I'm guessing the rooms are on a wooden deck? This is a tricky area. So is reasonable ventilation, although those whisper rooms looked like they had a couple computer fans... so I dunno.
A 'experinced drywall professional' who's "built studios before" built booths I tore down, and re built. The one booth the owner decided to keep shared a common hollow wooden deck on concrete, with the control room. The CR rear wall(s) assembly houses an ac and the inner wall leaf transmits floor vibration into LDCs in the booth. The booth is a great storage closet :) and unfortunately was the larger of the three in the studio.
I say save your $. IMHO naturally. Curious what the big dogs say.
So k...what the heck is "A couple of canare wire lengths and switch craft connectors is gonna cost like $80 if you make them yourself." <====that?
But I would say as well, use the entire room. 70 year old houses are often elevated wood framing...that is gonna be your weakest link, sight unseen. The window will require you to develop a window plug that matches as much as possible the existing wall assembly.
They work....but they can become heavy so you will have to decide will it be removable or stationary. I built mine in place.
Your ceiling may or may NOT be able to get massed up, if it is on a first floor, you may get a break. Still, 70 year old framing while true dimensions of 2X, material were often spanned at longer distances than are what is now acceptable. We would have to figure that out.
All things considered, budget considered, massing up the walls, ceiling if possible, and floor if possible, would go a long way in controlling exterior sound.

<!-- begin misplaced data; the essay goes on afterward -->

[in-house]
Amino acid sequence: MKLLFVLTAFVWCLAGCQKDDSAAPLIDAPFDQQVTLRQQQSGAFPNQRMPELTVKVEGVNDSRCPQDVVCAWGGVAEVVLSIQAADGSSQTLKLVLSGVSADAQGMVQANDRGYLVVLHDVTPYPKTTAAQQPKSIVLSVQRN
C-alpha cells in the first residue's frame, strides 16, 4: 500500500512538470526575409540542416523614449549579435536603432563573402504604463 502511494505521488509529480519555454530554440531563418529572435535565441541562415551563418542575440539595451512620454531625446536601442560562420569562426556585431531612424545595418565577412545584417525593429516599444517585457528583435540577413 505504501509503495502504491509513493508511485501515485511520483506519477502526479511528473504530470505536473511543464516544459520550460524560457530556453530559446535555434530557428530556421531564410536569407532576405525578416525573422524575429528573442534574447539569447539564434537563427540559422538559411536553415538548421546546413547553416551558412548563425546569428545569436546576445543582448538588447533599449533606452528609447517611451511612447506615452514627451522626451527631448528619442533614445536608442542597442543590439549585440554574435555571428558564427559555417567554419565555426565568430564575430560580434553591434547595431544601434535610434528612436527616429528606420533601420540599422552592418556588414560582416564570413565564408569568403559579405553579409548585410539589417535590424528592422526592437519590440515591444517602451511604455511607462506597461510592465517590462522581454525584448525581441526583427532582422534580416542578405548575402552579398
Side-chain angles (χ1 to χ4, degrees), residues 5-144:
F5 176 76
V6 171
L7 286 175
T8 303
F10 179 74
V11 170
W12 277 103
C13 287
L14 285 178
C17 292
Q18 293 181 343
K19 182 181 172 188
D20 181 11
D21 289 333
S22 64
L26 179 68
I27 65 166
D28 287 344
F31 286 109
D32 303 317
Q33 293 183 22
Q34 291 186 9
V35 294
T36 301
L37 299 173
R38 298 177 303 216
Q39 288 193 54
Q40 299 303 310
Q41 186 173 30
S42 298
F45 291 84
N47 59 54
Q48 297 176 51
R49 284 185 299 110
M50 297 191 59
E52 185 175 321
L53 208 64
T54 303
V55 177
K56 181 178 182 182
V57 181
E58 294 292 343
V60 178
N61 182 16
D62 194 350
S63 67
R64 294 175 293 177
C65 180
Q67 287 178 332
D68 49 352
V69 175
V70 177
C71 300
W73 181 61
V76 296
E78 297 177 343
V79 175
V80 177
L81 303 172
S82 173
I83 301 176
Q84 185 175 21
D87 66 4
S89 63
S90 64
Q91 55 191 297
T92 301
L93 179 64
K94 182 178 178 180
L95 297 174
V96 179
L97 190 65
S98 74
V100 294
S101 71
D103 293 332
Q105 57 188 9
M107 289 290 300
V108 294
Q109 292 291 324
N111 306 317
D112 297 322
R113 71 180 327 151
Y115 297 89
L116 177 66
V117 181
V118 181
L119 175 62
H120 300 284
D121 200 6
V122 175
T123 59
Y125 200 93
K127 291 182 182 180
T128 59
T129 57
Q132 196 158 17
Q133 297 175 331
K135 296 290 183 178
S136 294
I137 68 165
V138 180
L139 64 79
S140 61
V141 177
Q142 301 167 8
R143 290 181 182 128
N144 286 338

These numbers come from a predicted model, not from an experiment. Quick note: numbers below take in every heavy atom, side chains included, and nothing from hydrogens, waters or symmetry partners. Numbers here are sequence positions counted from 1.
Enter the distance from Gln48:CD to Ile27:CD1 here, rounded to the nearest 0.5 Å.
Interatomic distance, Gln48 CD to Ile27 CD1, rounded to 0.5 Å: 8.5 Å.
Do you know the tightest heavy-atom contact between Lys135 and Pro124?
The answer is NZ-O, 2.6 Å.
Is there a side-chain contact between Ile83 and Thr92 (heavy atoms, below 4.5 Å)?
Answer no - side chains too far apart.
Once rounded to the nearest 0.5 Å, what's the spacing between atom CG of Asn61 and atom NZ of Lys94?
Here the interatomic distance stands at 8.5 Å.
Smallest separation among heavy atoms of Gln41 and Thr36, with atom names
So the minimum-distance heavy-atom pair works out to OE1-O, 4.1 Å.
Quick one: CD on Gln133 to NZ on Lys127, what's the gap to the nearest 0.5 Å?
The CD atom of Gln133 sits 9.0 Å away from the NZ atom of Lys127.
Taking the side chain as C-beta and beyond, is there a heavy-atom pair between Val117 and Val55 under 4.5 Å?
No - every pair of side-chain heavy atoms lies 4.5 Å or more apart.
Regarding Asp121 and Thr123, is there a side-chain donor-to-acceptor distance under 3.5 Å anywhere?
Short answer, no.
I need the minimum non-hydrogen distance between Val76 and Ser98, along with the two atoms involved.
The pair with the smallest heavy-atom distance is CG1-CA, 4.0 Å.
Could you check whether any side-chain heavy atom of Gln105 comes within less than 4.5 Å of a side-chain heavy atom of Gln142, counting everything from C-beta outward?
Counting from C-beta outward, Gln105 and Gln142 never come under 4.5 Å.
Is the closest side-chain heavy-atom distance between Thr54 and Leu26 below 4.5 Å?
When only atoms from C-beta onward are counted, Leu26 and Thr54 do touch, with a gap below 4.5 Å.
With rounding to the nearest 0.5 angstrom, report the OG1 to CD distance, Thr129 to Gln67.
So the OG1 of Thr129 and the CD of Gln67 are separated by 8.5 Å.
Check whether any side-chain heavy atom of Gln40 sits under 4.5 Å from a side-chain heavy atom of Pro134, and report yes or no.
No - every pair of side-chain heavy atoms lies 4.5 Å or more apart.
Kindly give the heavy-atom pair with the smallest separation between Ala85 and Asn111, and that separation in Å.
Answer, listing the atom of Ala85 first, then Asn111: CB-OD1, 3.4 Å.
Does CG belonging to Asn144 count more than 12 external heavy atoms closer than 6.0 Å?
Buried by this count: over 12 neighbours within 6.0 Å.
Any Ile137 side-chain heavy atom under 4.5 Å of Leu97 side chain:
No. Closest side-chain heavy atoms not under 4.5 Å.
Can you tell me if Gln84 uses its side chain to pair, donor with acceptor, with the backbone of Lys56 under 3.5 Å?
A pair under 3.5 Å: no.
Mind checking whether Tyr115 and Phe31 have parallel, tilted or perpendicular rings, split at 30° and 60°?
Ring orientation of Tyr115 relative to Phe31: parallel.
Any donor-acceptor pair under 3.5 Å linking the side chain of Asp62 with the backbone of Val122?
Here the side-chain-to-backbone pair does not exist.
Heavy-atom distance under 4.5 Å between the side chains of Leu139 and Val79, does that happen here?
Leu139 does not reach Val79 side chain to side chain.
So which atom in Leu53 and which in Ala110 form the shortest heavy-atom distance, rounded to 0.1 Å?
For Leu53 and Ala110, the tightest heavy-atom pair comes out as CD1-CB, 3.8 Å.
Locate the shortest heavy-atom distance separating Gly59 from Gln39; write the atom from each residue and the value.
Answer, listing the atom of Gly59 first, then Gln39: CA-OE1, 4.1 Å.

The HVAC is gonna be another thing. You would want to decouple the existing air from the house in traditional broken paths with lined baffles. Problem is that unless you install a return air port with the same features, the room will fill and with no pressure release for the air, very little air will continue to fill the room since there is no way for it to exchange with the system, negative pressure I believe it is called, kind of like being in an airplane or hospital room.
So you would need that release or rather exchange because temperatures would not be stable and more resemble the heat of the bodies in the room rather than the actual temperature after a while.
Space, post: 423602, member: 32398 wrote: So k...what the heck is "A couple of canare wire lengths and switch craft connectors is gonna cost like $80 if you make them yourself." <====that?
I dunno how relevant it actually is to donnys case. I think what I was trying to say is that 50ft of good mic cable, and some good connectors was almost 1/5 of a $500 budget. I was figuring about a $1 a foot and about $25 for 4 connectors. That's about what I paid last year when we got some spools of the canare neglex. There's certainly others ways to do things, and possibly without a noticable difference audio quality. Just trying to come up w something besides, don't forget how much screws and caulking cost, cuz I usually immediately think of hidden costs whenever someone talks about building something diy